Ancient Monuments

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Three associated linear earthworks on Martin Down

A Scheduled Monument in Cranborne,

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Latitude: 50.965 / 50°57'53"N

Longitude: -1.9168 / 1°55'0"W

OS Eastings: 405938.625

OS Northings: 118396.0209

OS Grid: SU059183

Mapcode National: GBR 413.G6S

Mapcode Global: FRA 66WK.F2L

Entry Name: Three associated linear earthworks on Martin Down

Scheduled Date: 7 August 1996

Source: Historic England

Source ID: 1012137

English Heritage Legacy ID: 25619

Civil Parish: Cranborne

Traditional County: Wiltshire

Lieutenancy Area (Ceremonial County): Dorset

Church of England Parish: Martin All Saints

Church of England Diocese: Salisbury


The monument includes three convergent linear earthworks of probable Bronze
Age or Iron Age date on the lower north eastern slope of Blagdon Hill, part of
the Martin Down National Nature Reserve.
The longest, middle, earthwork of the three runs from south west to north
east; the northern earthwork curves towards it from the WSW and the third
approaches from the south. The earthworks converge c.35m north west of a bowl
barrow, the subject of a separate scheduling.
The central earthwork runs obliquely down the steep central part of the north
eastern slope of Blagdon Hill. The feature has an overall length of c.202m and
consists, on the steep slope, of a break in the slope or a low bank between 3m
and 4m wide and up to 0.15m high. On the lower, less steep, part of the slope
the earthwork takes the form of a ditch and bank at its north west. Together
these have an overall width of c.9m, the ditch being c.4.5m wide and having a
maximum depth of 0.35m below the top of the bank.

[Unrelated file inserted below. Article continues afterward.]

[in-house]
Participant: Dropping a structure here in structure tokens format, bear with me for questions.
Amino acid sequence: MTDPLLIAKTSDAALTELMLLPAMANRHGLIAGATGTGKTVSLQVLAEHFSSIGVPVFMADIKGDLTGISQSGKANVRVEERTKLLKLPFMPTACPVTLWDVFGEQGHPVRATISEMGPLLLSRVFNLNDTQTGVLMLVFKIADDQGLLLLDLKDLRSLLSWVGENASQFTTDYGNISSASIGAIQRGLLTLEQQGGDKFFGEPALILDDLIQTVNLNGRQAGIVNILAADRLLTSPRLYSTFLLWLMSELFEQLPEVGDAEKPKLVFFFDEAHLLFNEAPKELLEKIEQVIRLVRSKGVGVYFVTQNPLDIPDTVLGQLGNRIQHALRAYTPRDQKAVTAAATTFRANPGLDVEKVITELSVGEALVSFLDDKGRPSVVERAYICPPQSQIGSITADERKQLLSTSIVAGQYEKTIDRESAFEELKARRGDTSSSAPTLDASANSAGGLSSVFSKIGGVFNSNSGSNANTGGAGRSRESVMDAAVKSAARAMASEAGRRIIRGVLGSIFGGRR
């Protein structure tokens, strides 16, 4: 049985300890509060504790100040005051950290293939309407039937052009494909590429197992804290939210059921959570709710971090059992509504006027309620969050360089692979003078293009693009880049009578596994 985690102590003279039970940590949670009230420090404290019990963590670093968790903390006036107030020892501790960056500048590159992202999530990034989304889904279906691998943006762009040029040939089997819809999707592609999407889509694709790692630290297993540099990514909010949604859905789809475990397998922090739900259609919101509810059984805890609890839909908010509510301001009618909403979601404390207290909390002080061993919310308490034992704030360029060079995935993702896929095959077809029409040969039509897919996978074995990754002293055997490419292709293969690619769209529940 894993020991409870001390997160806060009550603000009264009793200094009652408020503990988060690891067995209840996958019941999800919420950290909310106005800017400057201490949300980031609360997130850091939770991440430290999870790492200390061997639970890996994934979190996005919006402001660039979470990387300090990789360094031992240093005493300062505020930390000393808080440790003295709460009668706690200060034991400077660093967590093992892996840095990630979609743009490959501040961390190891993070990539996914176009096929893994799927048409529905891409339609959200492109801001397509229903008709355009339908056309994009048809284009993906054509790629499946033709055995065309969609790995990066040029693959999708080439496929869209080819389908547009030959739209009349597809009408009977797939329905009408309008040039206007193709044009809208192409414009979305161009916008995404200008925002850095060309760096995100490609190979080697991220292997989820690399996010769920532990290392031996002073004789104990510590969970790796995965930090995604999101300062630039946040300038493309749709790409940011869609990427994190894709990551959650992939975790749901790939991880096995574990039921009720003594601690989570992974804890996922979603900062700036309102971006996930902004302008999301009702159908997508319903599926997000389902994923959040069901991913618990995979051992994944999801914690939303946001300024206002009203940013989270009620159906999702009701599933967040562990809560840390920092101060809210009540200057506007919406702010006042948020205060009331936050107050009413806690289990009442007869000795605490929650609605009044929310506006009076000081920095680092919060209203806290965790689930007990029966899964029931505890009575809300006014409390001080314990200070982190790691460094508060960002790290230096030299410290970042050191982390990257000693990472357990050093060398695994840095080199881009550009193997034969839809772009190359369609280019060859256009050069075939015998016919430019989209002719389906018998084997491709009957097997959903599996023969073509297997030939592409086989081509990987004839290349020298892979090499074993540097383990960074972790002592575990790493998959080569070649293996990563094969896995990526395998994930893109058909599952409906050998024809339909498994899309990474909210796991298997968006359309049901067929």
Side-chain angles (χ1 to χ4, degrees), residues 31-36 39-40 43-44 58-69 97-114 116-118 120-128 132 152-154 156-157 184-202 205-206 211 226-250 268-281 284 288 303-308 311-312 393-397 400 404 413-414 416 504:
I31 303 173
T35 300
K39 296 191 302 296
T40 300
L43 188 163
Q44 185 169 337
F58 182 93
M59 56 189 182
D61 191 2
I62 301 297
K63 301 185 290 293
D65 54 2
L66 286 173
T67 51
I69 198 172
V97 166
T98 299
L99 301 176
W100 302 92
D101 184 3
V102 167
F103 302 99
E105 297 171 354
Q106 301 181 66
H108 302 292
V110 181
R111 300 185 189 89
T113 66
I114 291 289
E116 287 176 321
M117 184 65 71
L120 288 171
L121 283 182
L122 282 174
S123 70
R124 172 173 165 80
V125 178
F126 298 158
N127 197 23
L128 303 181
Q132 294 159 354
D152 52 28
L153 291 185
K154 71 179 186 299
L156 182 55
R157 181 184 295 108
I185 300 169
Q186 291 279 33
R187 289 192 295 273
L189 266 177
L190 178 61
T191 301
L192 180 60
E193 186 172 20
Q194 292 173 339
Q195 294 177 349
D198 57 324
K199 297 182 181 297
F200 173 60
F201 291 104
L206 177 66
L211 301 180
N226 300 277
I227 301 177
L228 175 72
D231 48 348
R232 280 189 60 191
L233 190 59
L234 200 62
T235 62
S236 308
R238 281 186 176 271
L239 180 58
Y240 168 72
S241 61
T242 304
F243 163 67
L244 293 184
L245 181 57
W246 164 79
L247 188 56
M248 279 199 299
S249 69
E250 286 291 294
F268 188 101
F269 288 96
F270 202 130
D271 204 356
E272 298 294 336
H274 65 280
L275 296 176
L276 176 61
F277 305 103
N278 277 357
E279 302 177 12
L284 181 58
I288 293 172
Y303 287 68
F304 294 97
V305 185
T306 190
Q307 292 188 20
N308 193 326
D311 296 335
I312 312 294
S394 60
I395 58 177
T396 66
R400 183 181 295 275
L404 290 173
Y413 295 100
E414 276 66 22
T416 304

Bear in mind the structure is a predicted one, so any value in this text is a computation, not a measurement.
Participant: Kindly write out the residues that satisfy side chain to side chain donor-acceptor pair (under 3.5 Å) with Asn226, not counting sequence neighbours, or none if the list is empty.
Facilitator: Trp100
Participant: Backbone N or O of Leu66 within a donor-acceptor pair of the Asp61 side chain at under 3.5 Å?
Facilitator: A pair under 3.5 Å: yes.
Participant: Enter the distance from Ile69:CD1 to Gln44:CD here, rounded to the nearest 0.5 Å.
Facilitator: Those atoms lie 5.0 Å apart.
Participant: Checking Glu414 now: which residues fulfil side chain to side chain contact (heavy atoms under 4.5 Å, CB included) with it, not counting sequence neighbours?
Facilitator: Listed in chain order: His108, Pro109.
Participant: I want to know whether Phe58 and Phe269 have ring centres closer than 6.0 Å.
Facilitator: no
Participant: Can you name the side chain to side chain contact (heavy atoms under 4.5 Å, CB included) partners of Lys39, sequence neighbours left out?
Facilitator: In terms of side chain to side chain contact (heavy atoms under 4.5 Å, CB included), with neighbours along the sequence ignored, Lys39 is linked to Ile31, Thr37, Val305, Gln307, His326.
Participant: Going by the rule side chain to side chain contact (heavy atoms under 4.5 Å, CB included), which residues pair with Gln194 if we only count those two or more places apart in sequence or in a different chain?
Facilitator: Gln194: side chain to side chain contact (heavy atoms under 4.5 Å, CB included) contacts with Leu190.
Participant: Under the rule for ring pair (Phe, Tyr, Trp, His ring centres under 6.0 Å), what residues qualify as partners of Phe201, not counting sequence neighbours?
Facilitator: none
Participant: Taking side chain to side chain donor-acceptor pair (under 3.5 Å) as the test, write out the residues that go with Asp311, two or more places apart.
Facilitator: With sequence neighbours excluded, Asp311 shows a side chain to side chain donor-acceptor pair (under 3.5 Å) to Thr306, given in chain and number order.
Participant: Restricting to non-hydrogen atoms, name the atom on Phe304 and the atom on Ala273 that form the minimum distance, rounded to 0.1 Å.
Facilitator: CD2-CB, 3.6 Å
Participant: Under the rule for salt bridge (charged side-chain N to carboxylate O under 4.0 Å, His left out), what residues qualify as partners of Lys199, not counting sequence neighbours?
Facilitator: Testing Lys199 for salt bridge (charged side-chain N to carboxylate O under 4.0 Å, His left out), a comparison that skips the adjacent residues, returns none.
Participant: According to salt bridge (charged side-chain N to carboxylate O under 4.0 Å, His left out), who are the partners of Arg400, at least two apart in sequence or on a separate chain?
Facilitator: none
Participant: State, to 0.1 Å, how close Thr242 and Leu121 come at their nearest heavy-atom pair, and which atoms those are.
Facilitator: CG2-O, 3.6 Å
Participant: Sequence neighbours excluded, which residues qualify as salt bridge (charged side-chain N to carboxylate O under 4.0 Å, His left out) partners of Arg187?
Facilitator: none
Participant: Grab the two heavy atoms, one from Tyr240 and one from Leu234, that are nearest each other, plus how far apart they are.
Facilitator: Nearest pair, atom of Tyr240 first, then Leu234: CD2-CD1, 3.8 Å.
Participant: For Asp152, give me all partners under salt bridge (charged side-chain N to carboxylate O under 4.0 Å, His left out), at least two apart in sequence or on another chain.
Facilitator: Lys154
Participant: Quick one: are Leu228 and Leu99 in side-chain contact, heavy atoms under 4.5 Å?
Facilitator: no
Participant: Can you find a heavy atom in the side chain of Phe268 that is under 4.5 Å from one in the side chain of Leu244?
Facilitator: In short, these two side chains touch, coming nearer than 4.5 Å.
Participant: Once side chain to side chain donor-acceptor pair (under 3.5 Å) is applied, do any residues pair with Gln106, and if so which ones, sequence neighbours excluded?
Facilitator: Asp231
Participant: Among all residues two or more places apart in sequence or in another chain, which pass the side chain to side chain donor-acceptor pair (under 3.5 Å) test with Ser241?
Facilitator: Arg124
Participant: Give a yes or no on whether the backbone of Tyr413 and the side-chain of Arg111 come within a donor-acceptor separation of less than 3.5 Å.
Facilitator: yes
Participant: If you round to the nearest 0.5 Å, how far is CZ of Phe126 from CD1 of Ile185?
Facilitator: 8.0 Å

The northern earthwork is c.145m long and consists for much of its length of a
low bank, up to 4.5m wide and 0.15m high, with a drop of up to 0.7m at its
northern side. Towards its eastern end the bank is replaced by an irregular
mound, beyond which, after being crossed by a modern track, the earthwork
continues for c.20m as a ditch with a bank at its northern side. The bank and
ditch have an overall width of c.9.5m, the ditch being c.6m wide and having a
maximum depth of 0.8m below the top of the bank.
The southern earthwork, a ditch with bank at its west, is c.60m long and has
an overall width of 7m. The ditch is c.3.5m wide and has a maximum depth of
0.35m below the top of the bank. The ditches of the three earthworks appear to

The site of the monument is shown on the attached map extract.
It includes a 2 metre boundary around the archaeological features,
considered to be essential for the monument's support and preservation.

Source: Historic England

Reasons for Scheduling

Martin Down and the surrounding area contain a variety of well-preserved
archaeological remains, largely by virtue of the fact that the area has been
unaffected by modern agriculture and development. This variety of site types
and the quality of their preservation are relatively unusual in the largely
arable landscape of central southern England.

Much of the archaeological landscape of Martin Down is preserved as earthworks
or soil- or crop-marks, which together will provide a detailed understanding
of the nature and development of early land division, agriculture and
settlement. The three convergent earthworks on Martin Down survive well and
are part of the wider distribution of prehistoric monuments constructed on
Martin Down. These were recently the subject of a detailed survey by the Royal
Commission on the Historical Monuments of England. All three features will
contain archaeological and environmental information relating to their
construction and use.

Source: Historic England

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